When I first saw that, I thought... yeah ok. That could work. I've seen plenty of similar methods as well, revolving around selecting a customer, user, book or whatever by id, return the customer, user or book and then adding it to the object we want to save... and then saving it. The problem here, as far as I can tell is that you end up making an unneccesary select from the database. If we already now the key for the Customer, then we SURELY can just insert that into the table along with the rest of the data?!? Am I right? Yes. I am. Next time you go to create an Order, have a look just under Customer in the intellisense drop down.... you'll see CustomerReference. If your data model is right, this should be an Entity Reference to your customer. This is the key to inserting your Customer ID (pun intended).
Model.Order order = Model.Order.CreateOrder();
Model.CustomerReference.EntityKey = new EntityKey("Model.Customer", "Id", custId);
db.SaveChanges();
That's it. That's all you need to do! The only trick to this is sometimes working out what the hell "Model.Customer" should be. The easiest way to find that is to type:
db.
...and let Intellisense come up and remind you what your entity sets are called. By default it can create Customer as CustomerSet or something equally strange (Of course, "db" is whatever your ObjectContext is called). Also make sure you get your casing correct, as customer != Customer :) Alan

Why MVC?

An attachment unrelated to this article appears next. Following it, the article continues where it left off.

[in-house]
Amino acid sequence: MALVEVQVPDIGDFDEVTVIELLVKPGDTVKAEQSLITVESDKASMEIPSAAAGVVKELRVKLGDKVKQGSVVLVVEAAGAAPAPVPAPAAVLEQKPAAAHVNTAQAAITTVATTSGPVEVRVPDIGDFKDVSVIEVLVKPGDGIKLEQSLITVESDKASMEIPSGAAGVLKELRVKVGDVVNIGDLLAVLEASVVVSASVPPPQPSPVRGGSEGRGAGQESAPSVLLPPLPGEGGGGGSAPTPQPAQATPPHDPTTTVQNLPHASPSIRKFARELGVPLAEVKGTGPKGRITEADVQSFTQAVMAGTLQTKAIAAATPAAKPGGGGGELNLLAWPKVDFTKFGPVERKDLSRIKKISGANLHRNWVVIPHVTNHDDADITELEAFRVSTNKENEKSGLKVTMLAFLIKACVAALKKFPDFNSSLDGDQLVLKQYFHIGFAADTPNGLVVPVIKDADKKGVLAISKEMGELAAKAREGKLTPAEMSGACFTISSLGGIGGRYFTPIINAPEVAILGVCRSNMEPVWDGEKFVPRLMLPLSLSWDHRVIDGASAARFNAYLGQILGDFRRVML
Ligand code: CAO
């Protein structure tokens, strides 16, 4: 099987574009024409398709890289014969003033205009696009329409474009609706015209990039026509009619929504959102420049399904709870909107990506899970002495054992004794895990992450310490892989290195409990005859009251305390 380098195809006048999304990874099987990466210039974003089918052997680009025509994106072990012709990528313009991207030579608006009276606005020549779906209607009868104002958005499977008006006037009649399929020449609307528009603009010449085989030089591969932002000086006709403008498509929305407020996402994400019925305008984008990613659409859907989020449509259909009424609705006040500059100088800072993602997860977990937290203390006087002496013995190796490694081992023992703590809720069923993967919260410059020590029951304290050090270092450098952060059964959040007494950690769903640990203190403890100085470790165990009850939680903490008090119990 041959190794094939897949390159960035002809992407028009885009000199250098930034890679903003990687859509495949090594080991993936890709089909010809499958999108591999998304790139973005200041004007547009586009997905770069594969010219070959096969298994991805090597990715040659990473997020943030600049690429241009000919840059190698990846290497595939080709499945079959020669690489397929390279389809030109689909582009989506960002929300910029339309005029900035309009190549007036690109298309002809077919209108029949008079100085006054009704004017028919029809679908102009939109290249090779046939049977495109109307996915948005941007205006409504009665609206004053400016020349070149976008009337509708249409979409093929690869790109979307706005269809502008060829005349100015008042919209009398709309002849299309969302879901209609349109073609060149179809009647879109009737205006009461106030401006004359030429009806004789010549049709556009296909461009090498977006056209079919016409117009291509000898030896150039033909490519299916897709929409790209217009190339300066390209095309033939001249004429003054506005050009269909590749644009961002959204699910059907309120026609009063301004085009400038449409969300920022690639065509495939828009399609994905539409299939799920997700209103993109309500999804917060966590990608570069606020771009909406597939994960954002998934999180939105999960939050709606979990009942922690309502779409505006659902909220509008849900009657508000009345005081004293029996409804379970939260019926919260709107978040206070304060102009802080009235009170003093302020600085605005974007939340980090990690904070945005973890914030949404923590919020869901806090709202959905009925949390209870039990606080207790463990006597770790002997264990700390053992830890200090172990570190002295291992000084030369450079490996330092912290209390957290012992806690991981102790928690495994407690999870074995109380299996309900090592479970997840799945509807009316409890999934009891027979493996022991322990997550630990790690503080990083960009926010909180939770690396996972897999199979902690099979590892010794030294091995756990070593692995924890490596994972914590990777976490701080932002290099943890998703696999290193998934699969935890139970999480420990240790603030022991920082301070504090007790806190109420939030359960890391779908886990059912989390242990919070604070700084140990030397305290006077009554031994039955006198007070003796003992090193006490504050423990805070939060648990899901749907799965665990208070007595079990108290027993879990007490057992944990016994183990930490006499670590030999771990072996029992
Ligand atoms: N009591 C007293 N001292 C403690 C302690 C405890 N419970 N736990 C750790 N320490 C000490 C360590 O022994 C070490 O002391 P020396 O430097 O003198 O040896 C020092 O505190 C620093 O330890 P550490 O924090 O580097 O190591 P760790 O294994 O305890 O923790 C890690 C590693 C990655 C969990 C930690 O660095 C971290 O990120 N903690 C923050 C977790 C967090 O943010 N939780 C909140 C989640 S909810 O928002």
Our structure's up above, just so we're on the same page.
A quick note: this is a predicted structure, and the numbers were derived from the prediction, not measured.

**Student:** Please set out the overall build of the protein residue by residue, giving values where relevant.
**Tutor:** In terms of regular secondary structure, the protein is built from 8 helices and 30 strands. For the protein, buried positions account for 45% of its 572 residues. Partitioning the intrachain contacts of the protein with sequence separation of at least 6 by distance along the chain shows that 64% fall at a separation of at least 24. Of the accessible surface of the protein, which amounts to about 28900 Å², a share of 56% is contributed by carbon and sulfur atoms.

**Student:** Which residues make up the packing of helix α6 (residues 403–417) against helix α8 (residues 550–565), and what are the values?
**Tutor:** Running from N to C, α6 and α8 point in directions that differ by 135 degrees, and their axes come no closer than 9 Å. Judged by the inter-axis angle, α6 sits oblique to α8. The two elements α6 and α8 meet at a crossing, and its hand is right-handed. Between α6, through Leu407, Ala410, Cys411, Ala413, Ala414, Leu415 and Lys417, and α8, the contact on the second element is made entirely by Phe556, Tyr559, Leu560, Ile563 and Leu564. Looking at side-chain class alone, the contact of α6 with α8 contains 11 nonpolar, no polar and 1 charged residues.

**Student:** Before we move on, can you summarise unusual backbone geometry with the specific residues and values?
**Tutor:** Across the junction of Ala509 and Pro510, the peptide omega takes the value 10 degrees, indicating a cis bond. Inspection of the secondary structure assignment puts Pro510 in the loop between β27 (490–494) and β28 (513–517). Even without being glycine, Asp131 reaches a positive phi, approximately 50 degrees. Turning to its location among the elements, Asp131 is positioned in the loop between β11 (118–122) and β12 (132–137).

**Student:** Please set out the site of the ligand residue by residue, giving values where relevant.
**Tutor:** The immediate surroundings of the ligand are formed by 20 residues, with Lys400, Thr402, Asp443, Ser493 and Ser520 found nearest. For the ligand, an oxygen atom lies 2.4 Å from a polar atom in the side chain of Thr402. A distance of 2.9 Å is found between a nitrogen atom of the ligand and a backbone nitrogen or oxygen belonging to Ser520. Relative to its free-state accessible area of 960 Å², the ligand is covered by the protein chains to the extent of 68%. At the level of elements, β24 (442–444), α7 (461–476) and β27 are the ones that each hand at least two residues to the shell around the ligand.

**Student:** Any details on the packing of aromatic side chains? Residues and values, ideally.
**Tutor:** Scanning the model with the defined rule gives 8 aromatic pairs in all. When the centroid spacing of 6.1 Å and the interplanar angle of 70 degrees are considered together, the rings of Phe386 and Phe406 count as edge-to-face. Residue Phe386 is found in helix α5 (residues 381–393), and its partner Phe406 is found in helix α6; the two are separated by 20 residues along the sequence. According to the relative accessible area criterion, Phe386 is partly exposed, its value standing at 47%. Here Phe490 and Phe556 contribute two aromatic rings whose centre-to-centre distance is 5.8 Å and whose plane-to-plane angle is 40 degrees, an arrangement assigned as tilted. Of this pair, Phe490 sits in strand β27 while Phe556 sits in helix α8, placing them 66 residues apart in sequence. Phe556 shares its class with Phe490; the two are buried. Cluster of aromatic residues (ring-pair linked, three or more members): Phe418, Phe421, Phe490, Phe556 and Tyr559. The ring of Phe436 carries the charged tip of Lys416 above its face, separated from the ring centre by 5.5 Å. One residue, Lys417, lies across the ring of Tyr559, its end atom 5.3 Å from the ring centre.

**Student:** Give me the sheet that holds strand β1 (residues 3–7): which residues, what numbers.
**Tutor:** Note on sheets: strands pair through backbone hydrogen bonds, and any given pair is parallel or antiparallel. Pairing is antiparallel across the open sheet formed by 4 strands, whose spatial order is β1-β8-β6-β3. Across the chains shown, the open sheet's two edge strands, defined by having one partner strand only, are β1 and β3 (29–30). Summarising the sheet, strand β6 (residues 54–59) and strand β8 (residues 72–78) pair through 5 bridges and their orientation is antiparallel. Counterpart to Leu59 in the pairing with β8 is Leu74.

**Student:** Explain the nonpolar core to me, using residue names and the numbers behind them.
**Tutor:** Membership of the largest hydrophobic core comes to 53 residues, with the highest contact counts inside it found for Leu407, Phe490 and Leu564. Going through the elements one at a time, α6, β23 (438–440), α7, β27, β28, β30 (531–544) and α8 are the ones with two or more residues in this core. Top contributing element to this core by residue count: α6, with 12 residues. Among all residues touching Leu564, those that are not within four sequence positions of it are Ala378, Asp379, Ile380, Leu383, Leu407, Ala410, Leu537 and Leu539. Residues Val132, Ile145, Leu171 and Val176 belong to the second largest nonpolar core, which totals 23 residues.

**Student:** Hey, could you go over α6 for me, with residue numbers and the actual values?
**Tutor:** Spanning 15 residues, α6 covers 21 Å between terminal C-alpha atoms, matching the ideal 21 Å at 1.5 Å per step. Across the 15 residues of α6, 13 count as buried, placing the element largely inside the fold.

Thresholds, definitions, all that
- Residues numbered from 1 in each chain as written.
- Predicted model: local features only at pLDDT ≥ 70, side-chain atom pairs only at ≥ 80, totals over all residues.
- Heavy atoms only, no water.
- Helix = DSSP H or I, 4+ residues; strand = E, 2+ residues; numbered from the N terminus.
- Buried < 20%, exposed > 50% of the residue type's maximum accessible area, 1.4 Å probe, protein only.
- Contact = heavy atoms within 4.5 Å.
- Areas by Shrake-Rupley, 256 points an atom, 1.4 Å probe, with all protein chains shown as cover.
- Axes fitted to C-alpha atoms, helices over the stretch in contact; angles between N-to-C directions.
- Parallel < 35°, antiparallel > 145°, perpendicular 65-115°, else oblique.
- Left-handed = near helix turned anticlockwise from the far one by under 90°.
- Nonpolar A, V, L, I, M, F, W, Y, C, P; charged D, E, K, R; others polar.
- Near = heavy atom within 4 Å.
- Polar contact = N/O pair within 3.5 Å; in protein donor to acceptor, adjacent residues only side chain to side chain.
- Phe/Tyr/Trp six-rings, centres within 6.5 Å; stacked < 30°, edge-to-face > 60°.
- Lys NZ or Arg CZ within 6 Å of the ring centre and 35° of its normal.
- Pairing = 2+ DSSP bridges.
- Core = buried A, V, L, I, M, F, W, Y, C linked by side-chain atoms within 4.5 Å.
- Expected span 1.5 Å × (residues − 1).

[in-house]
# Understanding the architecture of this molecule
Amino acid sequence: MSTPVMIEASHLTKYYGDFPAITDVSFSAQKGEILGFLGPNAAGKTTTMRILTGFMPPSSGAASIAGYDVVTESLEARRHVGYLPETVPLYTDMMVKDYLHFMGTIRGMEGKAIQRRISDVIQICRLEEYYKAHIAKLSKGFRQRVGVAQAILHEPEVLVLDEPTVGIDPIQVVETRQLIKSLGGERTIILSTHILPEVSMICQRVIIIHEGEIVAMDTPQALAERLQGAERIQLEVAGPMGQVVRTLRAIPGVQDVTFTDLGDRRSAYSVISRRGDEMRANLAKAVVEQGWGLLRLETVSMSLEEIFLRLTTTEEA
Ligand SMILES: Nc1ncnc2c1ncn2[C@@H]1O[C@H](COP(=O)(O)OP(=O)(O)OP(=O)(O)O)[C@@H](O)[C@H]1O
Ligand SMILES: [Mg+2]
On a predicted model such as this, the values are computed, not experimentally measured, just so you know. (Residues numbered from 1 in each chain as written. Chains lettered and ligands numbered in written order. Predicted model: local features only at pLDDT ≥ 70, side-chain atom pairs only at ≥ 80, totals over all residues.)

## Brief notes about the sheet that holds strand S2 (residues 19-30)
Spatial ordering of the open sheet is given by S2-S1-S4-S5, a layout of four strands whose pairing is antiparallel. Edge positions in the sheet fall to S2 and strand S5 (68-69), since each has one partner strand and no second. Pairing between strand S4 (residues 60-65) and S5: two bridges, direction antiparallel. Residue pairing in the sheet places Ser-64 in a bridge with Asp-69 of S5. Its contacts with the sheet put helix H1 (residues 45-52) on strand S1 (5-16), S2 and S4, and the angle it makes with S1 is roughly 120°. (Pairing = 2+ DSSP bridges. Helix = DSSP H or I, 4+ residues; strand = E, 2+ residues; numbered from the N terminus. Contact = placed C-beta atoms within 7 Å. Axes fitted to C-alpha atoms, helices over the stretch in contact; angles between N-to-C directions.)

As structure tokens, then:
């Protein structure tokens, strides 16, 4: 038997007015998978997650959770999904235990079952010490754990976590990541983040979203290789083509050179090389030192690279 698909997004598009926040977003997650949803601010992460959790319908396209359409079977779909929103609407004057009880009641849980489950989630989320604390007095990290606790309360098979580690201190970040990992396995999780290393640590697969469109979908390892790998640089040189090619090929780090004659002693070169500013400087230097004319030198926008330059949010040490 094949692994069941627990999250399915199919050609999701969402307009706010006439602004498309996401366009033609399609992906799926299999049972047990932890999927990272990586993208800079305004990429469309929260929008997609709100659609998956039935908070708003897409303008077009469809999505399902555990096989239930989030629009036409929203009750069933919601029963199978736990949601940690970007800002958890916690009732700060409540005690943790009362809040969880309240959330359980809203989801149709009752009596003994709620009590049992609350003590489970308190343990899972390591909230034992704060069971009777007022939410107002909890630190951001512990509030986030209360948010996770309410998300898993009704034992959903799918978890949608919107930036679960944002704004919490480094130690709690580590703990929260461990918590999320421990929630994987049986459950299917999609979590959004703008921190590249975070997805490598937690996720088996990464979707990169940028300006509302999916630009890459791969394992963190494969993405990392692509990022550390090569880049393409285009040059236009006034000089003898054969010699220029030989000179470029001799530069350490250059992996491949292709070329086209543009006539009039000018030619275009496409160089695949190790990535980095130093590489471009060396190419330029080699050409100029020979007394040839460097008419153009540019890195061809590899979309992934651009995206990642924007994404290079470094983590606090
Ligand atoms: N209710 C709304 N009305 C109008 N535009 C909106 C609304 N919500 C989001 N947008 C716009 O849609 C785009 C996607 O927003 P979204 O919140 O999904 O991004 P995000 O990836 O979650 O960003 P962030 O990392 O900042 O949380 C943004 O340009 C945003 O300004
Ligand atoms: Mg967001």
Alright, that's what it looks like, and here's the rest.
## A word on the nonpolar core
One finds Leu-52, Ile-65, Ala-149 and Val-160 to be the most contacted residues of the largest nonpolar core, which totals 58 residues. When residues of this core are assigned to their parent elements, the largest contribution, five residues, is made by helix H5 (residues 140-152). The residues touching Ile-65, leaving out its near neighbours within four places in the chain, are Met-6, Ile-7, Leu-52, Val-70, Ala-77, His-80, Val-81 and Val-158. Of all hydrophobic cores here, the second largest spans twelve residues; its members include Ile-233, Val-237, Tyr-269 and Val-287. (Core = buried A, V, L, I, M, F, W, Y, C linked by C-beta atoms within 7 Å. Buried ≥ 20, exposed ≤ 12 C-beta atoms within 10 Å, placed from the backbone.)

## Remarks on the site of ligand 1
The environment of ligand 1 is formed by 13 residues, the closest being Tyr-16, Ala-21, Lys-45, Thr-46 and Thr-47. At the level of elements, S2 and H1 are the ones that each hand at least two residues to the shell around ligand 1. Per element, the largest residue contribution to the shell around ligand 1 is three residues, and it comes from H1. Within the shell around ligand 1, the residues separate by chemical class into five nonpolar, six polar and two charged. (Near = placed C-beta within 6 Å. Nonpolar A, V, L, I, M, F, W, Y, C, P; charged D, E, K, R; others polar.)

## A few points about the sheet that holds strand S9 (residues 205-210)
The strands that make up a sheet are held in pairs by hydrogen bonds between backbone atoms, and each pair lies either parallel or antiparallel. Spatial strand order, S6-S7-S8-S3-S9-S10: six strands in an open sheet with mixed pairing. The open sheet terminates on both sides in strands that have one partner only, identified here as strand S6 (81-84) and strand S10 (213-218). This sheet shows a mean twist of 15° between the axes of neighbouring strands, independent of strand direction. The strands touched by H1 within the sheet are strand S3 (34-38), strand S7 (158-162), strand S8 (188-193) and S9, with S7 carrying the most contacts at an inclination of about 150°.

So I've been using .NET MVC and Entity Framework for a while now. I originally started learning about LINQ to SQL about a month before MS announced they were dropping it in favour of EF. Yeah thanks guys. Anyway, my latest project is a collaboration with a guy who has done a bit of Ruby development. Specifically, the website I am helping him rebuild was built using Ruby on Rails. I did spend some time learning Ruby, and getting the app up and running, but given all my stuff is Windows based (hosting, development environment, databases etc), it really was a case of going back to being a beginner. Not such a bad thing, but we wanted to get all this done quickly Given that I am the developer, and I am a fan of .NET, the logical compromise was to go for .NET MVC. We can reuse a lot of the logic from the Ruby MVC app, and simply reimplement it in .NET. In fact, for the most part the views from Ruby translate directly to .NET with little to no work at all.  For an ASP.NET developer (and an ASP dev before that) the whole concept of MVC is a little odd. When you've been working within the page model for so long, it is really quite hard to break out of that mindset. "What do you mean there's no Postback!?!?" Once you get your head around routes, controllers, models and views the rest flows on pretty quickly. As I said, I'd been doing a bit with Entity Framework last year, so at least the Model part of MVC already made sense! I think the best way to explain MVC to a Page model developer (i.e. me) is to think of it in terms of standard Page model app with URL rewrites.  In the past we'd get a URL like /home/news/article/10 and rewrite that in the Request_Start method of Global.asax to go to something like /news/showArticle.aspx?id=10 In MVC, instead of writing a redirect in Request_Start, we add a Route (e.g. {controller}/{action}/{id}) Now, instead of redirecting to a page with some "code behind", we redirect to a View with a controller. The concept is still pretty much the same stuff. Rather than having 1 to 1 pairing of pages and code behind, we have a set of views that all operate off the same controller. The idea here being that all "news" functions will be handled by the News controller, rather than by a dozen different code-behind pages. Conceptually it is a lot neater.  The MVC structure also forces you to be a lot more strict with your HTML design. You will find that you're forced into using partial controls (or user controls as we called them in normal ASP.NET), simply because it is the only way to effeciently get data to the view without duplicating code everywhere. It tends to allow you to focus more on the HTML as one component and the Data as a seperate component, which is how I prefer to think anyway. The two become fairly loosely coupled, unlike ASP.NET where the code-behind and the HTML are joined at the hip. The other benefit is that you only need to worry about requests coming in, and the data that you need to spit out. You can leave the HTML to the designer. MVC isn't a one-size-fits all solution of course. It isn't particularly well suited to applications that rely heavy on user state for example. But it works wonders on Action/Result type applications! The highlight for me, however, is that I don't have to use RoR to acheive RoR-like results!